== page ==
Biggest Meteorite Impact in the UK Found Buried in Water and Rock

Laminar beds of sandstone have preserved the crater under the Minch Basin.
Laminar beds of sandstone have preserved the crater under the Minch Basin. (Image credit: University of Oxford)

The site of the largest meteorite to hit the British Isles has finally been discovered in a remote part off the Scottish coast, 11 years after scientists first identified evidence of the massive collision.

A team of researchers from the Department of Earth Sciences at the University of Oxford located the crater around 12 miles (20 kilometers) west of the coast of Scotland, where the feature lay buried underneath water and rocks that helped preserve it all those years. The scientists published their findings June 9 in the Journal of the Geological Society.

"The material excavated during a giant meteorite impact is rarely preserved on Earth, because it is rapidly eroded," Ken Amor, study lead author and researcher at the University of Oxford's Department of Earth Science, said in a statement. "So this is a really exciting discovery."

Related: Oldest Meteorite Collection Found in the Driest Place on Earth

A close-up of spherules that formed in the impact plume cloud and were later found in the deposit. (Image credit: University of Oxford)

The 0.6-mile-wide (1 km) meteorite is believed to have hit our planet 1.2 billion years ago, when Scotland was a semi-arid environment located near the equator, Oxford officials said in the statement. But there would likely have been no observers of the impact, since most life on Earth was still confined to the oceans at the time while the collision took place on land.

"It would have been quite a spectacle when this large meteorite struck a barren landscape, spreading dust and rock debris over a wide area," said Amor.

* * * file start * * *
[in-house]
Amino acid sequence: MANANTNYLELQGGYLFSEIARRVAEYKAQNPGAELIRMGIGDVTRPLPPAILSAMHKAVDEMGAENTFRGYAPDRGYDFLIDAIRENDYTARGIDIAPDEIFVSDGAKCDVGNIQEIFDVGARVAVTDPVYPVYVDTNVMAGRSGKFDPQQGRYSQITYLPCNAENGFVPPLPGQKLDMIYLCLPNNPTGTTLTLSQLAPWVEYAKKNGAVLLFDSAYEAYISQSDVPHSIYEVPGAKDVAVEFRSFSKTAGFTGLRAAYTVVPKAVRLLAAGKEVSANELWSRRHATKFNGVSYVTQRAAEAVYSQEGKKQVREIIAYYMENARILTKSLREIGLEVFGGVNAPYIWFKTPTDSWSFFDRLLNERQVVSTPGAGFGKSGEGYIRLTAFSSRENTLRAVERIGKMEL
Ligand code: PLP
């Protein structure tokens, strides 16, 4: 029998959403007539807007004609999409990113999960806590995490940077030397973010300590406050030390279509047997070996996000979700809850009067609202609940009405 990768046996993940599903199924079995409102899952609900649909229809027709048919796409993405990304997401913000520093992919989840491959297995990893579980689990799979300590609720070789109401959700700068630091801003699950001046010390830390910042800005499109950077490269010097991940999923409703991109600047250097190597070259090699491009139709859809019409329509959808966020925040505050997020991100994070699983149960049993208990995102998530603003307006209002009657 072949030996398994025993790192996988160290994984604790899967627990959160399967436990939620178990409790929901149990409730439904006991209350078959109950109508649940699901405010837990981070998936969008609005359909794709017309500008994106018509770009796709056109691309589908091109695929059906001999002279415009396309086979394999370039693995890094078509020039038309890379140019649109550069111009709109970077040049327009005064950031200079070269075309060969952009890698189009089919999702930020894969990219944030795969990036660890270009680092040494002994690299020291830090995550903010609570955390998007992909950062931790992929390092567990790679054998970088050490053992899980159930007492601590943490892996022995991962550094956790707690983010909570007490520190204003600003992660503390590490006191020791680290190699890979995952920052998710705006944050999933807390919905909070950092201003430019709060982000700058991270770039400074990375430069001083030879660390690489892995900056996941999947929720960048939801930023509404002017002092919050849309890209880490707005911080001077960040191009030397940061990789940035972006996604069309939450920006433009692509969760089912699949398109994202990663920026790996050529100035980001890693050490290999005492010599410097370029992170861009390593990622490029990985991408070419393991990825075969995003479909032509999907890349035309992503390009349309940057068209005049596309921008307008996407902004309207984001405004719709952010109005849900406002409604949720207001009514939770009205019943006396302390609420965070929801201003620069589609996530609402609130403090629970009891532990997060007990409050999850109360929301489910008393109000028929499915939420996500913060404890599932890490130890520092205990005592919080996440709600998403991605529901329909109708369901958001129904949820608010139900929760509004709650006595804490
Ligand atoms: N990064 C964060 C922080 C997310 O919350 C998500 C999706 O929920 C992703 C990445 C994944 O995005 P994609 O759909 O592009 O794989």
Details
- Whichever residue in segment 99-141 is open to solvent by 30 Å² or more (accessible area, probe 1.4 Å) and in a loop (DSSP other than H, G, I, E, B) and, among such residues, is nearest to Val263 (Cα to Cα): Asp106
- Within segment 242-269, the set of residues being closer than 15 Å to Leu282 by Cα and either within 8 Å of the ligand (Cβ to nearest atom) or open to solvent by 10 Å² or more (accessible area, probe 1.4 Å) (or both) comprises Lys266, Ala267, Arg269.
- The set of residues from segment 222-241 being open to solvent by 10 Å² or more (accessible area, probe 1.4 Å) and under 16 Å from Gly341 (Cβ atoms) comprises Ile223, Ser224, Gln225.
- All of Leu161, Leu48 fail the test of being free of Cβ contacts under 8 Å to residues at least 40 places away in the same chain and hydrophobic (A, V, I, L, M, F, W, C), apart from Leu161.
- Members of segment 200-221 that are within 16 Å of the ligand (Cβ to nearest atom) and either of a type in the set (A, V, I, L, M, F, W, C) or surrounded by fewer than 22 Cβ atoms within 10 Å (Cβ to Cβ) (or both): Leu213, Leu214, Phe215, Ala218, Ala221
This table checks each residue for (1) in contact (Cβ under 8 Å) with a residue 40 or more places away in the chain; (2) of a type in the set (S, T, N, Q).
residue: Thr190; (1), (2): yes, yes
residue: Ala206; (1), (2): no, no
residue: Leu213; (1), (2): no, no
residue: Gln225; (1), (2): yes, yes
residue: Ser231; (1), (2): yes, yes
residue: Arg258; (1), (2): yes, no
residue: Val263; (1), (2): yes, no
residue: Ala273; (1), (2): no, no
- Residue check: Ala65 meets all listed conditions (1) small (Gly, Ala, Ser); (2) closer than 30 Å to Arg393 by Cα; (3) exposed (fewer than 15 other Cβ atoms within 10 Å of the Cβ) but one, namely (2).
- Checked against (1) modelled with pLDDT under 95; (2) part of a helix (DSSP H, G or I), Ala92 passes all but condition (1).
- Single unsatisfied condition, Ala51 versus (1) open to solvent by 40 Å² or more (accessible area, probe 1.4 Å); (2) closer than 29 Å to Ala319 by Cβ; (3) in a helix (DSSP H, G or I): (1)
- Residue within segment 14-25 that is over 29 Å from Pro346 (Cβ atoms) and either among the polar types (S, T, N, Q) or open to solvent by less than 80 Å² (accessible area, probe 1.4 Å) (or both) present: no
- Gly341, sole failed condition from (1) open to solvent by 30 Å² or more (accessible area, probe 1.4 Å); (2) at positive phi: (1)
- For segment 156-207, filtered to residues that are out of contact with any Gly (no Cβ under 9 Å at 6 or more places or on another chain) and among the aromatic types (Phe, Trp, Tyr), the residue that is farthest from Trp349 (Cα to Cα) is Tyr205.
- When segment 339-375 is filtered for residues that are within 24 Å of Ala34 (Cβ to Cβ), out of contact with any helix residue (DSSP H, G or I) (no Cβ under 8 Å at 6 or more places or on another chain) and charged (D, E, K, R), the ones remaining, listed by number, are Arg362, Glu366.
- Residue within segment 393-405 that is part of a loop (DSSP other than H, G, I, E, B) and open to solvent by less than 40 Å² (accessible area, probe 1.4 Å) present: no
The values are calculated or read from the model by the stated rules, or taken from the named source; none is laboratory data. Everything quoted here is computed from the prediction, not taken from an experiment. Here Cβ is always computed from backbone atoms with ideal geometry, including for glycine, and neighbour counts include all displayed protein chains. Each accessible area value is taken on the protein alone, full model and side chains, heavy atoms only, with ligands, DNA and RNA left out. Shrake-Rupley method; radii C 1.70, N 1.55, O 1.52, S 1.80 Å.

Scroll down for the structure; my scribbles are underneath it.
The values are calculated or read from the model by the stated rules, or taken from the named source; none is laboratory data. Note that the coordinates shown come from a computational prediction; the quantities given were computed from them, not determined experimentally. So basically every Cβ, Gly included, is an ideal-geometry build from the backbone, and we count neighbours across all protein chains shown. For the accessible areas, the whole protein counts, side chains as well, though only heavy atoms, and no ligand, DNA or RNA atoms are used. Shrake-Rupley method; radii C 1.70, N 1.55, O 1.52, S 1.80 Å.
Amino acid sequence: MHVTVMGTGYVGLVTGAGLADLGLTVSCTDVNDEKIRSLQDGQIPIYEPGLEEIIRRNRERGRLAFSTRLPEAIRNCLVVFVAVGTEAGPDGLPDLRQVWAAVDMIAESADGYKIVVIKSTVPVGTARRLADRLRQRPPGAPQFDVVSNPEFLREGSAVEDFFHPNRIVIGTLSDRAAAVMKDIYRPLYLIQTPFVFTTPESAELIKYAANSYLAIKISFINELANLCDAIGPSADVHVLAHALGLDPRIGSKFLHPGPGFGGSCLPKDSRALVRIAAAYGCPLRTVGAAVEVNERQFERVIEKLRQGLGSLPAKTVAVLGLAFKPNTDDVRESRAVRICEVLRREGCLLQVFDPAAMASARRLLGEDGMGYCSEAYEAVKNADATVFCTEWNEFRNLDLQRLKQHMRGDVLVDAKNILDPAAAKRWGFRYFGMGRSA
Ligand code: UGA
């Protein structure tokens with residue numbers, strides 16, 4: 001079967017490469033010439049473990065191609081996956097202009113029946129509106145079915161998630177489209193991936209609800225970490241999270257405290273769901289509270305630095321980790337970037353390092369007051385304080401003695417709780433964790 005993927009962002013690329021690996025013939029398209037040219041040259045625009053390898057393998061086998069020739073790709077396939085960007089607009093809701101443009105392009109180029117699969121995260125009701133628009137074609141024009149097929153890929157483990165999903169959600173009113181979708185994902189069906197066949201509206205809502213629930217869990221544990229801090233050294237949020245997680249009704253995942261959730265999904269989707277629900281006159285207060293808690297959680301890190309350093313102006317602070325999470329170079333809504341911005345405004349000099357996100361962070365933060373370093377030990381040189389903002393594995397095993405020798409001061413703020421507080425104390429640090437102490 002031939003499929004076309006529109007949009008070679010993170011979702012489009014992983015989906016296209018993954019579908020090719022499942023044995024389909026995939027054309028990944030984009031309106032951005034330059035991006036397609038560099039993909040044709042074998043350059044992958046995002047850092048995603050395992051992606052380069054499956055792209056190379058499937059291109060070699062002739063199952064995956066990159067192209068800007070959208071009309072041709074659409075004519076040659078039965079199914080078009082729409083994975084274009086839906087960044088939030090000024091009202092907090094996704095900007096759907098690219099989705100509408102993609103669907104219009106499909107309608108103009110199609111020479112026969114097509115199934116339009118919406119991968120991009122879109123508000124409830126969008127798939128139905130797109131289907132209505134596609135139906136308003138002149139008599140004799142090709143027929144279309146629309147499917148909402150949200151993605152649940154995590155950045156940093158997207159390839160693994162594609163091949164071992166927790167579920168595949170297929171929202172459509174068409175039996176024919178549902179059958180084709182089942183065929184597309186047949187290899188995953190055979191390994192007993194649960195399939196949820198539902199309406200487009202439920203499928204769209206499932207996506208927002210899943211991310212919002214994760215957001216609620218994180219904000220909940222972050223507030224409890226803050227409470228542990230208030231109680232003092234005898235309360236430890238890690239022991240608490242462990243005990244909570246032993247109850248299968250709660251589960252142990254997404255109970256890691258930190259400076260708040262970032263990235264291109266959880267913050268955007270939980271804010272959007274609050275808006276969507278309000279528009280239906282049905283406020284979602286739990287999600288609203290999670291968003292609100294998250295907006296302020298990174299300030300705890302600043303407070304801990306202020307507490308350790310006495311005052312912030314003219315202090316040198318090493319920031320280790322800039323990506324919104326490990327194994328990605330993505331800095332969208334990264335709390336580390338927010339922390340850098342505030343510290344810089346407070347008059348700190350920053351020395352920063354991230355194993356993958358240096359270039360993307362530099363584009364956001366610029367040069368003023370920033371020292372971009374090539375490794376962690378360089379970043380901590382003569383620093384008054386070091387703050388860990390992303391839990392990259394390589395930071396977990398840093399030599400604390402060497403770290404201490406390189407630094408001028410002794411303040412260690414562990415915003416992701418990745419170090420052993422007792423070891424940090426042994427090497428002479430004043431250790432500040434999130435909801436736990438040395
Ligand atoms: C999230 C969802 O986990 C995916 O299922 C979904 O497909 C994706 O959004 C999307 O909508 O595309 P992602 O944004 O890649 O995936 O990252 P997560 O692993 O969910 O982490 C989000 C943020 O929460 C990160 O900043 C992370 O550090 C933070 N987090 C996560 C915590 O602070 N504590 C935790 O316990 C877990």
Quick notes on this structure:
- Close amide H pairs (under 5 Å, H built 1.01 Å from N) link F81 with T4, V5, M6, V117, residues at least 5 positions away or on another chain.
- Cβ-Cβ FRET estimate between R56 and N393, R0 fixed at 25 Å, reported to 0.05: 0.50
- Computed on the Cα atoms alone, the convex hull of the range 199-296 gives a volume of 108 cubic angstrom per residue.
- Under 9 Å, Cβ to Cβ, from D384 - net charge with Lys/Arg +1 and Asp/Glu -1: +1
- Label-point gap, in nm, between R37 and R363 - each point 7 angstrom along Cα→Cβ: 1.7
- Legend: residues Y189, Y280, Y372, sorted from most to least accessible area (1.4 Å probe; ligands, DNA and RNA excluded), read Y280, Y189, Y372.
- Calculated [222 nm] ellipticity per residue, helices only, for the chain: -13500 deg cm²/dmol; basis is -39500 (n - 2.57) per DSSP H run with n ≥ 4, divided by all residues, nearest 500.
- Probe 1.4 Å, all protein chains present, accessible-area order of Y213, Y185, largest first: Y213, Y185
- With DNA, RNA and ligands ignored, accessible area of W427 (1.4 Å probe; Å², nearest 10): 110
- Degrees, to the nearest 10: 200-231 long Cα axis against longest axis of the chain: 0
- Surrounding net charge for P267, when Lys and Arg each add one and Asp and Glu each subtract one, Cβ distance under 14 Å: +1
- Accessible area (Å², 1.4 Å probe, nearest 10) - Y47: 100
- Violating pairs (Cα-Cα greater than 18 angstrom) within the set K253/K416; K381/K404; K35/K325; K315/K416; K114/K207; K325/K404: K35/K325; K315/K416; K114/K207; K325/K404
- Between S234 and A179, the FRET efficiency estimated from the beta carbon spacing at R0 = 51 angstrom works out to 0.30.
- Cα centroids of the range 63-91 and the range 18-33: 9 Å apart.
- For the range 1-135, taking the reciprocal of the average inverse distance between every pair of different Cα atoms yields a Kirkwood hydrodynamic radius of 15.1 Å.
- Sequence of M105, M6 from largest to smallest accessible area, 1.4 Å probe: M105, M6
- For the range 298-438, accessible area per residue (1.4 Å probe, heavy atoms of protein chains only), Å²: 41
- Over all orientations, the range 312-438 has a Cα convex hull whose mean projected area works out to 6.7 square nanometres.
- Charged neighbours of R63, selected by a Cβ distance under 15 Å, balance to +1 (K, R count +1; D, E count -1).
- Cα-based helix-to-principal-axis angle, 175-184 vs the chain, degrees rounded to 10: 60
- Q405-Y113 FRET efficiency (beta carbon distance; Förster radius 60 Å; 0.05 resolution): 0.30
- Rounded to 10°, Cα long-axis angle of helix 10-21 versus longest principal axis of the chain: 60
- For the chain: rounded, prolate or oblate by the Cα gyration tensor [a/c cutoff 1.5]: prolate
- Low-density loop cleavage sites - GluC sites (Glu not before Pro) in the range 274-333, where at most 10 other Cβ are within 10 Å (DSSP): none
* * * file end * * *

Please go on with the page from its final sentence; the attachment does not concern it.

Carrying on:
Evidence of the collision was discovered in 2008, when scientists found large traces of iridium, a chemical found in high concentrations in meteorites, in a layer of rocks near the northern town of Ullapool.

The rocks were initially believed to have resulted from a volcanic eruption, but further analysis of their composition led scientists to their terrestrial origins.

"We're very lucky to have [the rocks] available for study, as they can tell us much about how planetary surfaces, including Mars, become modified by large meteorite strikes," John Parnell, a professor of geology at the University of Aberdeen in Scotland and co-author of the 2008 paper, said in a statement at the time.

Using data gathered from the field, the team of scientists determined the approximate direction from which the meteorite came and thereby located the crater.

Although thousands of meteorites hit the Earth every year, they typically leave much smaller dents. Larger impacts used to occur more frequently, but today, thousands of small fragments from meteorites that hit the Earth every year go largely unnoticed.

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